New combinations of chemotherapy for advanced non-small cell lung cancer (NSCLC) are always being considered, as patients with this disease have few effective treatment options. A new chemotherapy combination consisting of vinorelbine and oxaliplatin appears to be safe and effective for treatment of advanced NSCLC, according to a recent article published in the
Journal of Clinical Oncology.
Approximately 75% of patients who have lung cancer have a type of cancer referred to as NSCLC. There are actually many different types of lung cancer that are classified as NSCLC and are named according to the type of cell within the lung in which the cancer originated. These include epidermoid or squamous carcinoma, adenocarcinoma, large cell carcinoma, adenosquamous carcinoma and undifferentiated carcinoma. Treatment options for NSCLC vary, depending on the stage or extent of cancer, but may include surgery, radiation therapy and/or chemotherapy. Advanced NSCLC refers to cancer that has spread from the lungs to distant parts of the body, often including vital organs. The long-term prognosis for these patients is poor, leading to ongoing research efforts in an attempt to prolong survival for these patients.
Oxaliplatin and vinorelbine are two agents that have demonstrated anti-cancer activity against NSCLC when used individually. This has prompted researchers to investigate the effects of the combination of the drugs used together as treatment for NSCLC. Recently, an early phase clinical trial was conducted to determine the safety of this treatment combination in previously untreated patients with advanced NSCLC.
The results from this trial indicate that vinorelbine plus oxaliplatin appears to be safe when used in combination, as all patients were able to finish the treatment. Moreover, the researchers conducting the trial conclude that this combination can be administered safely on an outpatient basis. The most prevalent side effect was low white blood cell (immune cell) levels. Nearly 40% of patients showed a partial disappearance of their cancer and one patient had a complete disappearance following treatment. Future clinical trials utilizing this chemotherapy combination will be conducted in order to evaluate dosage schedules and to further define the role this treatment may have for patients with advanced NSCLC.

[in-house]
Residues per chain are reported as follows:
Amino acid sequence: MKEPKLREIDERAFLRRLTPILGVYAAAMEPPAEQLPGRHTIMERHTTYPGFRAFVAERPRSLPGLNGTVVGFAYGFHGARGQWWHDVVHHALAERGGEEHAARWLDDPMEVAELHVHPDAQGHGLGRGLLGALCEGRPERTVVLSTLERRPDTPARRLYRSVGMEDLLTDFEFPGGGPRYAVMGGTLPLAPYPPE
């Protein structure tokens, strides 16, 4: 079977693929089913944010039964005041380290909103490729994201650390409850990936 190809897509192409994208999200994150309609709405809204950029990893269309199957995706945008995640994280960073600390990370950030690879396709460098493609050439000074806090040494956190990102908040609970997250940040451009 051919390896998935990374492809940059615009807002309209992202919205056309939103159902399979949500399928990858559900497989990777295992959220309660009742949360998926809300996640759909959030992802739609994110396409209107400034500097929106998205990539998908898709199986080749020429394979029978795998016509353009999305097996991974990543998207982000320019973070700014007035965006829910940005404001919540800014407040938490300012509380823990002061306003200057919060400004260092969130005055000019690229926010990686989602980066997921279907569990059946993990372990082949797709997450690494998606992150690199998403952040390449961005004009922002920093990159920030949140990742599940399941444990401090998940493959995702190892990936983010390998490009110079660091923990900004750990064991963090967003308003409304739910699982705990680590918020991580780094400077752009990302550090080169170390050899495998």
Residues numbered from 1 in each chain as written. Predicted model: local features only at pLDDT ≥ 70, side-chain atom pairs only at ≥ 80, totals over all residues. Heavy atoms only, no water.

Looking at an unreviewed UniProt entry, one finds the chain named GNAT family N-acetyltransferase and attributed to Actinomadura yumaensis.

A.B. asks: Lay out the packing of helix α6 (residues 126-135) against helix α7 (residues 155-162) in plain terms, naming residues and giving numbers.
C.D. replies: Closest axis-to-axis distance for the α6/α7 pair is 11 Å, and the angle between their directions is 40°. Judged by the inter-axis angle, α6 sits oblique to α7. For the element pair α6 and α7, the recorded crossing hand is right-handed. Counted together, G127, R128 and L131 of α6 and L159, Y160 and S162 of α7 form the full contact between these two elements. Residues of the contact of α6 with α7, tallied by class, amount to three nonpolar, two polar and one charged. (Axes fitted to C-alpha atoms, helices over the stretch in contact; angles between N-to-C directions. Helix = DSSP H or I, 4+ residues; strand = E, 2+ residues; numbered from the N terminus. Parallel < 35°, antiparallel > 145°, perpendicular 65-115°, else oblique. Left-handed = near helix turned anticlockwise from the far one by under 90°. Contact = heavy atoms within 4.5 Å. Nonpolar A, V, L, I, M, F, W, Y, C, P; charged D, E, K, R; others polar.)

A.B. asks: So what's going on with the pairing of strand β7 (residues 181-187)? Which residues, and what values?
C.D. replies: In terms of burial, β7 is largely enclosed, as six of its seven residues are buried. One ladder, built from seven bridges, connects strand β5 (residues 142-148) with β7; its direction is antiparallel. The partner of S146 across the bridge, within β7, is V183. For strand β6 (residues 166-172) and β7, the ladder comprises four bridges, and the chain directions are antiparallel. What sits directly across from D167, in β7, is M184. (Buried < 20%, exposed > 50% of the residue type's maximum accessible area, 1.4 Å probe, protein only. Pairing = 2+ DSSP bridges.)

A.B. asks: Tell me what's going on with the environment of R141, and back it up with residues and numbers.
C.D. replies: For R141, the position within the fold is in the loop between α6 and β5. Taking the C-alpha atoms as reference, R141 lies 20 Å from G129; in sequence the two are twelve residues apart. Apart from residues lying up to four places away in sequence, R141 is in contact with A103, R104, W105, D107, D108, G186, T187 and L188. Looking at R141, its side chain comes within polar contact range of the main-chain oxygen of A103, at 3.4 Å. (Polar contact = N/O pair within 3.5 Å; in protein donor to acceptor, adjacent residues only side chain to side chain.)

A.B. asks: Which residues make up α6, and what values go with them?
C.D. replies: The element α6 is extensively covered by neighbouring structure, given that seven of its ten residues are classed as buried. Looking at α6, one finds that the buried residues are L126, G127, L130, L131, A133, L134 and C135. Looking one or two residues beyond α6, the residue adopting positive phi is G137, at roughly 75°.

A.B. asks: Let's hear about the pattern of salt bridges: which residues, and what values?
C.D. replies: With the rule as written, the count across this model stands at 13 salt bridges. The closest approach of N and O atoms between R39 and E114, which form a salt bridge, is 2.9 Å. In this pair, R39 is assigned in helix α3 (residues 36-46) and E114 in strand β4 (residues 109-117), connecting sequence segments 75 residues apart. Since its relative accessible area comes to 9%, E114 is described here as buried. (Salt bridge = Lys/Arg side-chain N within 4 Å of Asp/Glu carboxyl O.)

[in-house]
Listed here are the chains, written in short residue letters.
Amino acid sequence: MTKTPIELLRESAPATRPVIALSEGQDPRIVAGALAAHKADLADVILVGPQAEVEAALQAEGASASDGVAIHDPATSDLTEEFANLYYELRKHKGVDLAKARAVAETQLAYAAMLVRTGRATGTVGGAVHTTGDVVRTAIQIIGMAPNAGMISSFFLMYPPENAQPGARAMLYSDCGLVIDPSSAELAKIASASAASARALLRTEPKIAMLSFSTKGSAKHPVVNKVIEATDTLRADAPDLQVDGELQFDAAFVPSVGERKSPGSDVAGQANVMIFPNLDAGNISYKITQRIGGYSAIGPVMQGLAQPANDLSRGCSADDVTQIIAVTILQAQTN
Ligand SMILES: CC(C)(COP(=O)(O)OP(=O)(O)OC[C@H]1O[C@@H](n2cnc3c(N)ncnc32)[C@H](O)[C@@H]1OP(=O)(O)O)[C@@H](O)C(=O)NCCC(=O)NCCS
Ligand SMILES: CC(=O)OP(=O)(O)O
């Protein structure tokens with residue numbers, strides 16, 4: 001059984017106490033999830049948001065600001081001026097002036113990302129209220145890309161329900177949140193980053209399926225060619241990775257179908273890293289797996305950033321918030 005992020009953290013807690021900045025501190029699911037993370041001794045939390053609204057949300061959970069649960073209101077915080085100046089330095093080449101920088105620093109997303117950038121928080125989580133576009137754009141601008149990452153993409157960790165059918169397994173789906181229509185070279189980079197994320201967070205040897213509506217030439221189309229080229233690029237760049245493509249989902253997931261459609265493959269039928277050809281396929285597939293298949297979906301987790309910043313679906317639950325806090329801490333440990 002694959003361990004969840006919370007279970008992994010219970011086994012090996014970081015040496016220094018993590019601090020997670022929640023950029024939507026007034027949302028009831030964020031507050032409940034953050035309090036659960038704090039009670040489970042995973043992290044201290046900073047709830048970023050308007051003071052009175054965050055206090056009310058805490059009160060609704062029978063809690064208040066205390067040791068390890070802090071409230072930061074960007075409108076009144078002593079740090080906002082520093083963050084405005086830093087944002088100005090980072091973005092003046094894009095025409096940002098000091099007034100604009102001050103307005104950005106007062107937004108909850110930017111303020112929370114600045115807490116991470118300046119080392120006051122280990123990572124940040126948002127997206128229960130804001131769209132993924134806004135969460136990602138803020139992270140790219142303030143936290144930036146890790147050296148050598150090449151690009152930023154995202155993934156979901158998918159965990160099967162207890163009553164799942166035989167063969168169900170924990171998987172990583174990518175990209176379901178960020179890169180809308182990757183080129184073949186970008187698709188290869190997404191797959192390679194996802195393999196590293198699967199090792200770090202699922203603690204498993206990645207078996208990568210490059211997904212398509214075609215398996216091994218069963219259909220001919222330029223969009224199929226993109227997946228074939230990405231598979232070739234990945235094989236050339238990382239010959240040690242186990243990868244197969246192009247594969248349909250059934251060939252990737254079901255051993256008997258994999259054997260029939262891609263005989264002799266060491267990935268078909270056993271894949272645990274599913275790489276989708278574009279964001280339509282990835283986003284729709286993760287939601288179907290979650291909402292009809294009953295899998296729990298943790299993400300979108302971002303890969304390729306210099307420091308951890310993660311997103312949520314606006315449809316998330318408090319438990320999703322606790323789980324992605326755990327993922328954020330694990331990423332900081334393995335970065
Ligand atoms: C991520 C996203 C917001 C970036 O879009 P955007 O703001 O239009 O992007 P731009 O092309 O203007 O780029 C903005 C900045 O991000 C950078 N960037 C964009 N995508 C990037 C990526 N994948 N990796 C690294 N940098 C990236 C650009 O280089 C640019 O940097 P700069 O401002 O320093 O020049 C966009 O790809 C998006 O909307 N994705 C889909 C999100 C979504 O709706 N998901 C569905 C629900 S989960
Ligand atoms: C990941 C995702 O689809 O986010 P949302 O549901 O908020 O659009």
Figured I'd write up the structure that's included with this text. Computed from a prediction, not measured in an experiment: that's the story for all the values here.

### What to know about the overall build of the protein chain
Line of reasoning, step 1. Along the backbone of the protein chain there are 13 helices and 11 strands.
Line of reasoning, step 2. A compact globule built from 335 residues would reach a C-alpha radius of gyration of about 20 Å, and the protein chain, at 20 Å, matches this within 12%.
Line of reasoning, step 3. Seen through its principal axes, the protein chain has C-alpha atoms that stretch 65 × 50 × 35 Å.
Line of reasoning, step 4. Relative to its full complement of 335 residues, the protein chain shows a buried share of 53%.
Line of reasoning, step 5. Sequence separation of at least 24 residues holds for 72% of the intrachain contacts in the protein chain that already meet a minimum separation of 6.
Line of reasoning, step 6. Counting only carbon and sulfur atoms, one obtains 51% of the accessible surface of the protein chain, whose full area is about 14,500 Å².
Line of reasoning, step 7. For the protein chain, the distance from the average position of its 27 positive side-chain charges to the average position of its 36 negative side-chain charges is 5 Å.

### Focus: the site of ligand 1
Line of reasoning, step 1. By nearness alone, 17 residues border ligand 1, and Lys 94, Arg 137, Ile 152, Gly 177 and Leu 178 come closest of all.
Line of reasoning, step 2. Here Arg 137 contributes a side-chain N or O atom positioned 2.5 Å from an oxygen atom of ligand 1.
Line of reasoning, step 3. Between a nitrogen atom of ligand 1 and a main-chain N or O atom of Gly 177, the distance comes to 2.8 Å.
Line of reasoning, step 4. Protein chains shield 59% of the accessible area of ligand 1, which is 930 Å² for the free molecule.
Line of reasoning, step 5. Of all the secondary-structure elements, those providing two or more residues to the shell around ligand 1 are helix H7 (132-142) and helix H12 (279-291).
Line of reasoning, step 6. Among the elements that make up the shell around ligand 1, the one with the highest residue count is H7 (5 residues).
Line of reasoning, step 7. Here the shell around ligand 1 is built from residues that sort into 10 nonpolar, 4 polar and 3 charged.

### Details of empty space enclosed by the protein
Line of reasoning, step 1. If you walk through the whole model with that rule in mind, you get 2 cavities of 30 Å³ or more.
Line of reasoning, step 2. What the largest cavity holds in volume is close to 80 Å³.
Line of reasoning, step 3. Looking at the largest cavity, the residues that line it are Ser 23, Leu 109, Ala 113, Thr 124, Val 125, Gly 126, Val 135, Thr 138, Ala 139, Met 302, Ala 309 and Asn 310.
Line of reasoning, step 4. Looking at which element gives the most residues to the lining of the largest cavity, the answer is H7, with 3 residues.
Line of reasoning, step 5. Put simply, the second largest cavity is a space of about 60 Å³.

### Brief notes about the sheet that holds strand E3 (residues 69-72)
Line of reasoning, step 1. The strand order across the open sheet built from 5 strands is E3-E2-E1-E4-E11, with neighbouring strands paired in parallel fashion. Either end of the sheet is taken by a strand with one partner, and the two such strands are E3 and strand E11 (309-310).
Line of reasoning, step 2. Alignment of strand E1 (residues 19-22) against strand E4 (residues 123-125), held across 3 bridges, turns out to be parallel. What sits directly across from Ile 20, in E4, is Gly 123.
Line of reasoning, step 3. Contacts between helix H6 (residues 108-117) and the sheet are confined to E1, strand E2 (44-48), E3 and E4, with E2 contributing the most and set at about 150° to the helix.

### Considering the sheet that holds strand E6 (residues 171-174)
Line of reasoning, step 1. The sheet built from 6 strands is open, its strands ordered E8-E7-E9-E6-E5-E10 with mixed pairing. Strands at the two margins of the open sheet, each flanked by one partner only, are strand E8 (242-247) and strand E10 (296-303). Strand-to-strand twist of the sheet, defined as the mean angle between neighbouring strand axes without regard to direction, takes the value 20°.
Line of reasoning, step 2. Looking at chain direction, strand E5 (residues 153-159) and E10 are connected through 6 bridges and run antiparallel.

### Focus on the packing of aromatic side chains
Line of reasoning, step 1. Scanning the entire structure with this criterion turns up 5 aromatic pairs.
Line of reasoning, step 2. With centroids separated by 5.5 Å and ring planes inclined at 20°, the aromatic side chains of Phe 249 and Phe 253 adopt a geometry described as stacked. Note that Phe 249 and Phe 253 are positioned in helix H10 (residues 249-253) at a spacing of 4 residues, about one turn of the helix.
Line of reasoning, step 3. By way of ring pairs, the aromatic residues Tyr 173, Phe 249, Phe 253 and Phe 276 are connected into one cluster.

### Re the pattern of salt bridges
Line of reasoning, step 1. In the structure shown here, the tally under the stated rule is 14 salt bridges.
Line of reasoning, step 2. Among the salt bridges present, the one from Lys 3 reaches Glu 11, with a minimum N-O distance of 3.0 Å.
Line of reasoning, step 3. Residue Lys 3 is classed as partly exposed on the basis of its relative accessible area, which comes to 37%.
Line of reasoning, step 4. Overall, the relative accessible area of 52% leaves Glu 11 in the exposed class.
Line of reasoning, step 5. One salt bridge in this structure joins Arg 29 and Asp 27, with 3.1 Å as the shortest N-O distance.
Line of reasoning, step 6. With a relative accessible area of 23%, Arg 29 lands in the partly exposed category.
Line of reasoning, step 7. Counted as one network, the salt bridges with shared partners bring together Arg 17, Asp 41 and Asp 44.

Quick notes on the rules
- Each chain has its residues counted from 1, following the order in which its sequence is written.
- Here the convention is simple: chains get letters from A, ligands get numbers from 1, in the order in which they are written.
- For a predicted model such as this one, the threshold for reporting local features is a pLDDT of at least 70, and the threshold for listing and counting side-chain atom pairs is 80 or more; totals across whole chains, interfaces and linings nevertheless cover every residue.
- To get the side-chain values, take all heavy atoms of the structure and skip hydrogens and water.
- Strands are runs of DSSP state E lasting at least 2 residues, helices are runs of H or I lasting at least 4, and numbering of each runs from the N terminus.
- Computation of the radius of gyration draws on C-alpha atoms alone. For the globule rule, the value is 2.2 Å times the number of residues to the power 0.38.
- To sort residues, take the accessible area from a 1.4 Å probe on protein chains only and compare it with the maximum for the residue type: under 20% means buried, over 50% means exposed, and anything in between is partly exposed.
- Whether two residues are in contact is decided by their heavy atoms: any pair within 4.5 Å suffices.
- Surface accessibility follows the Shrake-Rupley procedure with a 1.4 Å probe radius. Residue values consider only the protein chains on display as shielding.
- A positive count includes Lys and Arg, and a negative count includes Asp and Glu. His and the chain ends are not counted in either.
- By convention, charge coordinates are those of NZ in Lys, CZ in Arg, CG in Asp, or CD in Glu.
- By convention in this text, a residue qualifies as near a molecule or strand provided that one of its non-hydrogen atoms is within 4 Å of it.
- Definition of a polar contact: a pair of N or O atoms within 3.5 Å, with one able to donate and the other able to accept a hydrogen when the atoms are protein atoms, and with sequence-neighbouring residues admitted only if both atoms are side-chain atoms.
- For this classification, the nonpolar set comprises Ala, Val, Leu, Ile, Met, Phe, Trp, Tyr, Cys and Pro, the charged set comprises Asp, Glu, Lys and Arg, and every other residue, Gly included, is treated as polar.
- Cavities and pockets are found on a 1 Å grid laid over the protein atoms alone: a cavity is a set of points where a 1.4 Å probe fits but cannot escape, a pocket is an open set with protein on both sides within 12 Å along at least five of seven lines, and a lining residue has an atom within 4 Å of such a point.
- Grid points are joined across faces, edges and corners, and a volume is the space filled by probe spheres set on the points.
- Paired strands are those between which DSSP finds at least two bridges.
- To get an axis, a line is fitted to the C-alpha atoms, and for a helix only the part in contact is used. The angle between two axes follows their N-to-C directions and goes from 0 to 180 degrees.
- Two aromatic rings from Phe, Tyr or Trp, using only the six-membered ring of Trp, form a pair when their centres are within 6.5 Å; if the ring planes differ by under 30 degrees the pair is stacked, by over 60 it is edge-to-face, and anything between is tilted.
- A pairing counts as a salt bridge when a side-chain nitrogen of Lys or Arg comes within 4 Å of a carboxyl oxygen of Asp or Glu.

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Patients with advanced NSCLC may wish to speak with their physician about the risks and benefits of participating in a clinical trial further evaluating the combination of vinorelbine and oxaliplatin. Two sources of information about ongoing clinical trials include comprehensive, easy-to-use listing services provided by the National Cancer Institute (
www.eCancerTrials.com. eCancerTrials.com also provides personalized clinical trial searches on behalf of patients. (
Journal of Clinical Oncology, Vol 19, No 2, pp 458-463, 2001)
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